When college students across Mumbai are murdered one after another in gruesome ways, inspector Virkar from the crime branch is called in. As Virkar investigates, he stumbles upon a ruthless gang of young, tech-savvy miscreants who use social networking sites and the Internet for blackmail and sextortion. But how are the two cases linked? And who is the mastermind behind these killings?
As the case grows murkier, the computer-challenged Virkar finds himself greatly out of his depth, chasing a killer who always seems to be one step ahead and a group that soon trains its sights on him. He must race against time to unmask the gang and to find the murderer before his reputation is ruined forever. Thick with suspense and layered with grit, anti-social network brings to you inspector Virkar’s toughest case yet.
It had been a little more than a month since I had read a book, and for anybody who has been following me on goodreads or on this blog for a while now will know that this has been the longest time in 2014 that I have gone without reading a book and posting its review. I had been itching to get back to reading for a while now and therefore when The Tales Penseive sent me a mail asking me whether I would be interested in reading and putting up a review of Anti-Social Network by Piyush Jha, I immediately leapt up at the opportunity and grabbed it with both hands. Although they took their own sweet time in sending me the book itself, in hindsight, I can clearly say that the book was truly worth the wait.
I have had the pleasure of being part of the audience in one of the sessions that the author Piyush Jha participated in the Times Bangalore Lit Fest sometime in 2013 which was about writing books in the crime thriller genre and I have to say that I quite liked his personality and the way he presented himself and his thoughts on stage. And that was the first time that I heard about his Mumbaistan trilogy and had added the first two books (the third one was yet to be published then) to my to read list. However, as fate would have it, I ended up reading the third book first, but thankfully there are no ‘continuity’ issues with the trilogy and each book is a standalone one with just the main protagonist, Mumbai Crime Branch Inspector Virkar being the common thread between them.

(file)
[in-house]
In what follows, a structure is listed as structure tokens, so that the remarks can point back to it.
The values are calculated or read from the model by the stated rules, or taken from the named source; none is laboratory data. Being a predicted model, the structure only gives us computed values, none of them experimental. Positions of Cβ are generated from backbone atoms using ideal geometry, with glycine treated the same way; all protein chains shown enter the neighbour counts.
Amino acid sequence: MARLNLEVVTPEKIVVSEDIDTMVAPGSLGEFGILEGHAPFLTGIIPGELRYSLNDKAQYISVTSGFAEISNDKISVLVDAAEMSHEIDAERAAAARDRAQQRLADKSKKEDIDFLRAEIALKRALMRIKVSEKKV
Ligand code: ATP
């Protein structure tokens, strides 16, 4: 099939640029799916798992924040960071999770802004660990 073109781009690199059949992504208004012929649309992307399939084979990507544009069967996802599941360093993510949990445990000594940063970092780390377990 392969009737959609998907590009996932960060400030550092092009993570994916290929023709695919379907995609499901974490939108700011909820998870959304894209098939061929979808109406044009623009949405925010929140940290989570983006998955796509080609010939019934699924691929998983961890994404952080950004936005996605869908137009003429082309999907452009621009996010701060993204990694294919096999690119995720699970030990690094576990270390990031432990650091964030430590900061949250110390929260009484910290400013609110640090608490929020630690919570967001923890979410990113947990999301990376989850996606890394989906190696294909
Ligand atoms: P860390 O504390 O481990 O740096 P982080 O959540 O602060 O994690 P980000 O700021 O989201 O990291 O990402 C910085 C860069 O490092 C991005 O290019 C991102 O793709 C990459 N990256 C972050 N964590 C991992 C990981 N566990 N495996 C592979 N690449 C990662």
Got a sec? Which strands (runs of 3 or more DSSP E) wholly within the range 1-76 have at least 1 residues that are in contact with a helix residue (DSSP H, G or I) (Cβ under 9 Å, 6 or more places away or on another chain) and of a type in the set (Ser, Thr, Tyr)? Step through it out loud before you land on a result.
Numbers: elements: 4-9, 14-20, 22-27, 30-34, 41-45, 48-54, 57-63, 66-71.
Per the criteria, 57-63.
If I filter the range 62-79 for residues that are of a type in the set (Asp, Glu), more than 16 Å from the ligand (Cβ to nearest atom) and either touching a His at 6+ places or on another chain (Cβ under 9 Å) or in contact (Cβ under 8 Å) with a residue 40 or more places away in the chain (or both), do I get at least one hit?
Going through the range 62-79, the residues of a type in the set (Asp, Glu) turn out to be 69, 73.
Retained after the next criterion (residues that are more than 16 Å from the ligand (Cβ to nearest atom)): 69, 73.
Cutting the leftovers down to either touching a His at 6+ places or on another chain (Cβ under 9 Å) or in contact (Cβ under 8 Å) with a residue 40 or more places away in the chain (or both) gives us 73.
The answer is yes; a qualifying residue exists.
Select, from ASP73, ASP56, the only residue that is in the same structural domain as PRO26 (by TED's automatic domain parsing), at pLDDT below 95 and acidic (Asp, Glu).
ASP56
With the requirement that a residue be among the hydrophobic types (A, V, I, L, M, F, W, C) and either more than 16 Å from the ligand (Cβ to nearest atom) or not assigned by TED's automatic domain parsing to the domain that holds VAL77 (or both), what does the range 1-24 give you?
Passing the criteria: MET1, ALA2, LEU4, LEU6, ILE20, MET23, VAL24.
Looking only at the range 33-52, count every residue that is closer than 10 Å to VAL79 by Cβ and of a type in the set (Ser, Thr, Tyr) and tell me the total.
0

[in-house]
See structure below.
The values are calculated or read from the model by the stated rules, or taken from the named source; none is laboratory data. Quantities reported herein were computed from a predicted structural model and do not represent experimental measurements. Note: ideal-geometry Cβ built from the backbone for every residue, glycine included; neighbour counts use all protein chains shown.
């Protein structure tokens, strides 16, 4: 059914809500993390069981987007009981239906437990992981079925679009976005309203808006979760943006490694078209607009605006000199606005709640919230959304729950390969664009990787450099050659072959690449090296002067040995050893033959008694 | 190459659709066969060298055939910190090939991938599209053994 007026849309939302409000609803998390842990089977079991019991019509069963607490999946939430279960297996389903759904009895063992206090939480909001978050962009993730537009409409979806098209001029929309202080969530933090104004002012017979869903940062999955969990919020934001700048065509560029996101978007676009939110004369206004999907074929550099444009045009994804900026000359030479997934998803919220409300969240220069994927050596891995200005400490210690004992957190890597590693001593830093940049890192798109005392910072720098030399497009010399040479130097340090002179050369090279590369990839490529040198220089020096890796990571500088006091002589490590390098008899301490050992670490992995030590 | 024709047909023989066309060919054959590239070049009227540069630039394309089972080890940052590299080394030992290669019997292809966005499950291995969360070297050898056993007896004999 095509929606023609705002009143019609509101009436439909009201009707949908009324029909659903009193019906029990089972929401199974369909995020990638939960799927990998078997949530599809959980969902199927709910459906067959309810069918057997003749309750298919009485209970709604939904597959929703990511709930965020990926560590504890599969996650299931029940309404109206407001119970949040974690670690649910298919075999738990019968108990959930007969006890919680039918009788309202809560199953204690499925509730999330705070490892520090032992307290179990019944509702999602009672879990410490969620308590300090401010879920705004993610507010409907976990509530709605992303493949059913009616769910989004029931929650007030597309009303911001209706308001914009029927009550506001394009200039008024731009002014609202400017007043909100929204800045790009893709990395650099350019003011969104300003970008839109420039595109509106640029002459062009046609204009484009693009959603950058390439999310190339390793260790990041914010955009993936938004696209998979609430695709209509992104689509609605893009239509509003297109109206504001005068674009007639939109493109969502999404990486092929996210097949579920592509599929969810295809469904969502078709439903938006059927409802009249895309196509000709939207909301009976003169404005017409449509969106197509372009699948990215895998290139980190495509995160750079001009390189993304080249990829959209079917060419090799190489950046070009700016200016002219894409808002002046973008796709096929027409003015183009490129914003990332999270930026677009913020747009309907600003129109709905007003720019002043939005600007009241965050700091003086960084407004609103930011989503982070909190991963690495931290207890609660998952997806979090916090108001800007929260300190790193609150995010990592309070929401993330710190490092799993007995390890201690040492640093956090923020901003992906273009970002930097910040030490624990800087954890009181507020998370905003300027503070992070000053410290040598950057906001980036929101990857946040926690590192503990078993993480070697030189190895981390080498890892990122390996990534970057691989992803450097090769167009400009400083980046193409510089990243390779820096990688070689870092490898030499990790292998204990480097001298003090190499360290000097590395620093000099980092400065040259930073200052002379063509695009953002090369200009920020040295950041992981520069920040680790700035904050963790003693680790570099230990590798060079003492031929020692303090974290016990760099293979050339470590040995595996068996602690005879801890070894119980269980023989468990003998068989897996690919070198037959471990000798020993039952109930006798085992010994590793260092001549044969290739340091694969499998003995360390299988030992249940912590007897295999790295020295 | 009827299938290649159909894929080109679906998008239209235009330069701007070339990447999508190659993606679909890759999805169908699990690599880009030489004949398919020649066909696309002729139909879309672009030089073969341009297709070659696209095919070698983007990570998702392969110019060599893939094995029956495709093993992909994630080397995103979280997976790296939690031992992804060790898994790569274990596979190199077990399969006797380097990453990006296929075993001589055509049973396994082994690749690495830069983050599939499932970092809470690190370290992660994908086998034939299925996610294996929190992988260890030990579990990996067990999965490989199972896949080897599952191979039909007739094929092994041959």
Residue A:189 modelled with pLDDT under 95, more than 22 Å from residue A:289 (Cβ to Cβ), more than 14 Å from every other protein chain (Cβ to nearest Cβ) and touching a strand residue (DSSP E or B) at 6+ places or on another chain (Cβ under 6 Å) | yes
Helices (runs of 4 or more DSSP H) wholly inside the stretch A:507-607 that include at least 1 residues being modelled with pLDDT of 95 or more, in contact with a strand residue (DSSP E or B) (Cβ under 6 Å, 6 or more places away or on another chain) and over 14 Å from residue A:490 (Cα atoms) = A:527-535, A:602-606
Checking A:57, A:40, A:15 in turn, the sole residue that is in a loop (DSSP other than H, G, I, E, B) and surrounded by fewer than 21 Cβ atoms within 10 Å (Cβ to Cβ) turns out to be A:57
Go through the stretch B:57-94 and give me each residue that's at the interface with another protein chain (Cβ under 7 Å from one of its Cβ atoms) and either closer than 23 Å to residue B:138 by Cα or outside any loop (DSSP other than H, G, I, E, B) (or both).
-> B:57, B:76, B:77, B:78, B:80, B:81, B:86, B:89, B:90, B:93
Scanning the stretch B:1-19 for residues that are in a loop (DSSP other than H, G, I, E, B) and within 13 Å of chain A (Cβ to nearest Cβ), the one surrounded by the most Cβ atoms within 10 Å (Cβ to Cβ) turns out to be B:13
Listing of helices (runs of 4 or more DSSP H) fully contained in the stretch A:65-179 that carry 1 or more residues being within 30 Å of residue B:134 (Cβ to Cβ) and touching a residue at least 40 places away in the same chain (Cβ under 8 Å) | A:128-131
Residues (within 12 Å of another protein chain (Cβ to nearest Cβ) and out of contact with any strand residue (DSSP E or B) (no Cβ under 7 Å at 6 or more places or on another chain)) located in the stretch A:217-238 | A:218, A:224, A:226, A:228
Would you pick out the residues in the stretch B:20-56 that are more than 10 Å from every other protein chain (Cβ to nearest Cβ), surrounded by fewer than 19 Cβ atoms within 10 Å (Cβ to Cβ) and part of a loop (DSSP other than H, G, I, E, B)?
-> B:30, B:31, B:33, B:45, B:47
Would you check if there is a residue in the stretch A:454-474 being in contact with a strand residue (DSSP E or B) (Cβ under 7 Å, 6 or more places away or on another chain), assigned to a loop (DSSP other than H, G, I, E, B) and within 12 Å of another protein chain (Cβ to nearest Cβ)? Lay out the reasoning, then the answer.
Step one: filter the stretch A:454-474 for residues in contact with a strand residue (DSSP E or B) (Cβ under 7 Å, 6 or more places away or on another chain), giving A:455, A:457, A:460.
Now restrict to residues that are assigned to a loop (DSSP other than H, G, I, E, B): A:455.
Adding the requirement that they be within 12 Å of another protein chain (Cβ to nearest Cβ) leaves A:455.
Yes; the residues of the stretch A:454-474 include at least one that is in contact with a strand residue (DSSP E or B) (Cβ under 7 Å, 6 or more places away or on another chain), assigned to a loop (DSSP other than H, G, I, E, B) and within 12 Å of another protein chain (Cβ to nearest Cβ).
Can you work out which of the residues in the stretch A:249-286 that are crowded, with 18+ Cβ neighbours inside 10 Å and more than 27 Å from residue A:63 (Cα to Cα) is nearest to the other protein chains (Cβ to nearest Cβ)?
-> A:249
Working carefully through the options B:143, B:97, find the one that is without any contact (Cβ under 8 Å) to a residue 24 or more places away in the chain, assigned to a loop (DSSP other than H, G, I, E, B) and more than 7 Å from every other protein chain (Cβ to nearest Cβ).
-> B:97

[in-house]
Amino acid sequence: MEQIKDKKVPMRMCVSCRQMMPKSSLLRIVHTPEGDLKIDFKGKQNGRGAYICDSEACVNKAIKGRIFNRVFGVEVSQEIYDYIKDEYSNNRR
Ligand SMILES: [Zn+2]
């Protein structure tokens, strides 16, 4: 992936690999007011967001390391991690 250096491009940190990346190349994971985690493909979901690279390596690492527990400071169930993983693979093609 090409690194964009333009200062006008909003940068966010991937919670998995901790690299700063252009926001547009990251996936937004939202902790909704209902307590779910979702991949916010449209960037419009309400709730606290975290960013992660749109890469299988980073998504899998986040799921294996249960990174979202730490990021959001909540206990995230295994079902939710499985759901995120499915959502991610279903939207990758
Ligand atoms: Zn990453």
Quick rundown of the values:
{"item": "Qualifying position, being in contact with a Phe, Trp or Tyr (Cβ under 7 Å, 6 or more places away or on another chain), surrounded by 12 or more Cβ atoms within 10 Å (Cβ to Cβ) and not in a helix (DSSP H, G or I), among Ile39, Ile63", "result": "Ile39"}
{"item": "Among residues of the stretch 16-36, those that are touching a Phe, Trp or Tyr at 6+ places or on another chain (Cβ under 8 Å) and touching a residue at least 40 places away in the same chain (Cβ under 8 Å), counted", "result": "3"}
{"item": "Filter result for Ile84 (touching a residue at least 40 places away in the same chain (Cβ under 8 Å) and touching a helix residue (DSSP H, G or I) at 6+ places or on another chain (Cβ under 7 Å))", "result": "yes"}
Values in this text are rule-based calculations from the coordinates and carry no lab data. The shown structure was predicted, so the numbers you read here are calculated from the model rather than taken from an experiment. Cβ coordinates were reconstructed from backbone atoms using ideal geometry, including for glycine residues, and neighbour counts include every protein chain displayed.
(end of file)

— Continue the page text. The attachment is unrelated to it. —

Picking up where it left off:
The author has a writing style which is extremely contemporary but also strikes you as the style of somebody who has got a really good command over his narrative. Although he juggles the action between various characters and various places, the reader never gets lost in all the action that is happening, and trust me, there is quite a bit of action happening simultaneously all through the book. He keeps the pace quite taut and never lets unnecessary slackness creep its way into the narrative.
The crime itself in this book is quite hi-tech and extremely in tune with the times we live in. Although it deals with a series of murders, the motive behind them is quite different and that sets this book apart from other books in this genre. The fact that this background puts Inspector Virkar completely out of his elements and he has to take the help of a young junkie who doubles up as a junkie forms one of the endearing traits of this main protagonist. In fact, the chemistry between Virkar, student psychology counselor Naina Rai and Richard, the hacker forms quite an interesting thread througout the investigation.
What however took the cake for me was the unexpected twist at the very end of the book. How the author manages to introduce it, and then justify its inclusion in the narrative and unravels how it influenced the narrative was quite nice.
All in all, a nice quick read for all you lovers of the crime fiction genre. For sure, I am going to pick up the other two books in this trilogy and read them sometime soon and put up their reviews here.
This book has been reviewed as part of The Tales Pensieve Book Review program.